How Effective Is Laser Therapy for Toenail Fungus?

About 10 percent of U.S. adults, or approximately 23 million people, suffer from toenail fungus infection. But unfortunately, the treatments that have been around a while -- oral medications and topical creams -- often don't really do the trick. The fungus usually comes back within 12 months. Plus, these treatments can have negative side effects and may have a bad interaction with other medications. 

Luckily, laser therapy for toenail fungus is now an option. Since 2010, more than a handful of laser devices have been FDA approved and are used with success by podiatrists as a safe, quick, effective form of treatment.  

But what is the process if you use laser therapy for toenail fungus and what can you expect, you ask?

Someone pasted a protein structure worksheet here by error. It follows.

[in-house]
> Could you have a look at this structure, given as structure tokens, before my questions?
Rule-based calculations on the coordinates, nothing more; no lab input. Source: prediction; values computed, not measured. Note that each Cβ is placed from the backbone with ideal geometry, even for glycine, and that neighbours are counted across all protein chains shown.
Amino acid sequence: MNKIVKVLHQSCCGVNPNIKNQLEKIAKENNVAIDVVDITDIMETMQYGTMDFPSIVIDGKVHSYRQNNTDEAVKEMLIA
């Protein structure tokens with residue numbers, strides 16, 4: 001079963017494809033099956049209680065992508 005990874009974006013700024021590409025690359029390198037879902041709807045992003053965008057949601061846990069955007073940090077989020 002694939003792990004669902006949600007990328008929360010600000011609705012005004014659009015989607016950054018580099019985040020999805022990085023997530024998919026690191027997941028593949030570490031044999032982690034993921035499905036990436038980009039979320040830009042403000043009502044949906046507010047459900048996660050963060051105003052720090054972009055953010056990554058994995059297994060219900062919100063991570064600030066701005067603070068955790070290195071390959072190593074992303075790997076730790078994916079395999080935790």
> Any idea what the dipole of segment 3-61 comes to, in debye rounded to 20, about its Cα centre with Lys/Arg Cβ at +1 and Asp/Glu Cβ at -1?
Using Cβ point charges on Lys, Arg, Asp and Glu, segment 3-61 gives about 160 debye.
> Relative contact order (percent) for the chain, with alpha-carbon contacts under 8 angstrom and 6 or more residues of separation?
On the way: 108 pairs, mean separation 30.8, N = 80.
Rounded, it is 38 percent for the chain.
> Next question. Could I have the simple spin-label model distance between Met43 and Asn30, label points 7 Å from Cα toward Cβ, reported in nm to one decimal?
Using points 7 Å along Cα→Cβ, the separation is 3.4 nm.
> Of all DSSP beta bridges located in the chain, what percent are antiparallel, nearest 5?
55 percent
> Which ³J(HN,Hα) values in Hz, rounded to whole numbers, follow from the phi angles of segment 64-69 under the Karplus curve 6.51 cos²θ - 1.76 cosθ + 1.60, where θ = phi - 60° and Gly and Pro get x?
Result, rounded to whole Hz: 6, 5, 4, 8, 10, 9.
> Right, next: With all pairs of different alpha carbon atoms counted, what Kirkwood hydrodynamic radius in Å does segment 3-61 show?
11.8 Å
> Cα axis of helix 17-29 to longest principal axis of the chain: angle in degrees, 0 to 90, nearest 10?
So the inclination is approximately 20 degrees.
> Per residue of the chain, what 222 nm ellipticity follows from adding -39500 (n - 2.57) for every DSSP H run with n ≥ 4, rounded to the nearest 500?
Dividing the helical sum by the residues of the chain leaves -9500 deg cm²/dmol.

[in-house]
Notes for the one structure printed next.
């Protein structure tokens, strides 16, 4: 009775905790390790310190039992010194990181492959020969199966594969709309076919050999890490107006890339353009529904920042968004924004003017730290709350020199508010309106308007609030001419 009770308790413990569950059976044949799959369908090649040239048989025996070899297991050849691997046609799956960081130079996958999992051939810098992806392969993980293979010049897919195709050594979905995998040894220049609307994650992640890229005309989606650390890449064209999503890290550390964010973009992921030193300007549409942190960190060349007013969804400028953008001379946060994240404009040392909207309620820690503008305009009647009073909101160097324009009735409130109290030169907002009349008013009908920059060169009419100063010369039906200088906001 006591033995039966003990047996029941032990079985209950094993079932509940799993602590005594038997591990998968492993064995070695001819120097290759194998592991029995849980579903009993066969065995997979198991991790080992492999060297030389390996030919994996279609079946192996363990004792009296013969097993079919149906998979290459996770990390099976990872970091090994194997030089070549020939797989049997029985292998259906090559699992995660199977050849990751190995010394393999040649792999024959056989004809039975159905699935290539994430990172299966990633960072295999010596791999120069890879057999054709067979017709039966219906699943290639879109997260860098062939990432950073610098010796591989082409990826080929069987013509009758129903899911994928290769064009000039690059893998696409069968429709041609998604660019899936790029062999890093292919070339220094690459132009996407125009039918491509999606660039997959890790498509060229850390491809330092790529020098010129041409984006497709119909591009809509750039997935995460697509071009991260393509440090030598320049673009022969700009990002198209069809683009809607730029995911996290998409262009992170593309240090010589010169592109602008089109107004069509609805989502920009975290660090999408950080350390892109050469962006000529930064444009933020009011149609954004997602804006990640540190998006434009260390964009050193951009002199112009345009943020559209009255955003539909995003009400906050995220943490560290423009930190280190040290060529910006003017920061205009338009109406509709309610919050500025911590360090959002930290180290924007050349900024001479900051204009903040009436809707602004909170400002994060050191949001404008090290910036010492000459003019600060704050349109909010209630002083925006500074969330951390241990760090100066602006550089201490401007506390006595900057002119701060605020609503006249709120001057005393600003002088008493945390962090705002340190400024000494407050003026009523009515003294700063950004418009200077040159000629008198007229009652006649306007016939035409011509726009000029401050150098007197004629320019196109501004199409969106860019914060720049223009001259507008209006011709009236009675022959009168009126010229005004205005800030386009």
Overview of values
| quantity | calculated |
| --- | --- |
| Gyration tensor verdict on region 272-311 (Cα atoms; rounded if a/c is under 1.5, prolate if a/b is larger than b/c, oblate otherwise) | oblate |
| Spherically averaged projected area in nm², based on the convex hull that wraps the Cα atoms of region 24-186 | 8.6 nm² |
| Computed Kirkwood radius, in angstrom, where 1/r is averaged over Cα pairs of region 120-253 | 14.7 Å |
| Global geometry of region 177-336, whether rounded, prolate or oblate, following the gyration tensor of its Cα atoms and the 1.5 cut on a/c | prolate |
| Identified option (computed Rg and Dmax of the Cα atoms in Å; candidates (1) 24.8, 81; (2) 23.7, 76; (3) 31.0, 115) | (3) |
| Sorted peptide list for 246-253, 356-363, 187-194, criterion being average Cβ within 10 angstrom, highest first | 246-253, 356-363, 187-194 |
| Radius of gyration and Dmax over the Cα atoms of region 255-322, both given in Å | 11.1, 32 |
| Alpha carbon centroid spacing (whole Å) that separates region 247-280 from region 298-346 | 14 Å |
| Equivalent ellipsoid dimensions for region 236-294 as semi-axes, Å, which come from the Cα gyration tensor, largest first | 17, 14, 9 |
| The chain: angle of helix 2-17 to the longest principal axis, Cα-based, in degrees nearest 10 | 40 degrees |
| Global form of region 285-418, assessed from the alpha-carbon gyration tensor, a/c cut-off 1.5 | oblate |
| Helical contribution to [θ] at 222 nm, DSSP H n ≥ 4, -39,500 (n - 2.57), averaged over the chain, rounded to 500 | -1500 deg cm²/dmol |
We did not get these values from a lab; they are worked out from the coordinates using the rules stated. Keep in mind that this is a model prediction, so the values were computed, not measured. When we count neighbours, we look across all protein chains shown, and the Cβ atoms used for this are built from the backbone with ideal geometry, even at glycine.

To answer your questions, we've put together some basics on toenail fungus and laser treatment. Keep reading for a quick overview, and then, give it a try to see how it works for you. Our goal and the purpose of laser therapy is to help you clear up those nails so they can grow back healthy and strong. 

What Is Toenail Fungus?

Toenail fungus is a fungal infection called onychomycosis. Tinea unguium is another name for it.

It's an overgrowth of fungi that are often found on your body together with other bacteria. You can get the fungi from someone else too, like at a nail salon if the tools aren't properly sterilized. It's the same fungi that cause ringworm, jock itch, or athlete's foot. 

The problematic infection happens when the fungi get in through the cracks in your toenails and start to overpopulate in, on, or under the nail. It just loves warm, moist environments and often finds that in your toenail, especially when you wear shoes. And it's even happier if you're active and sweat in your sports shoes.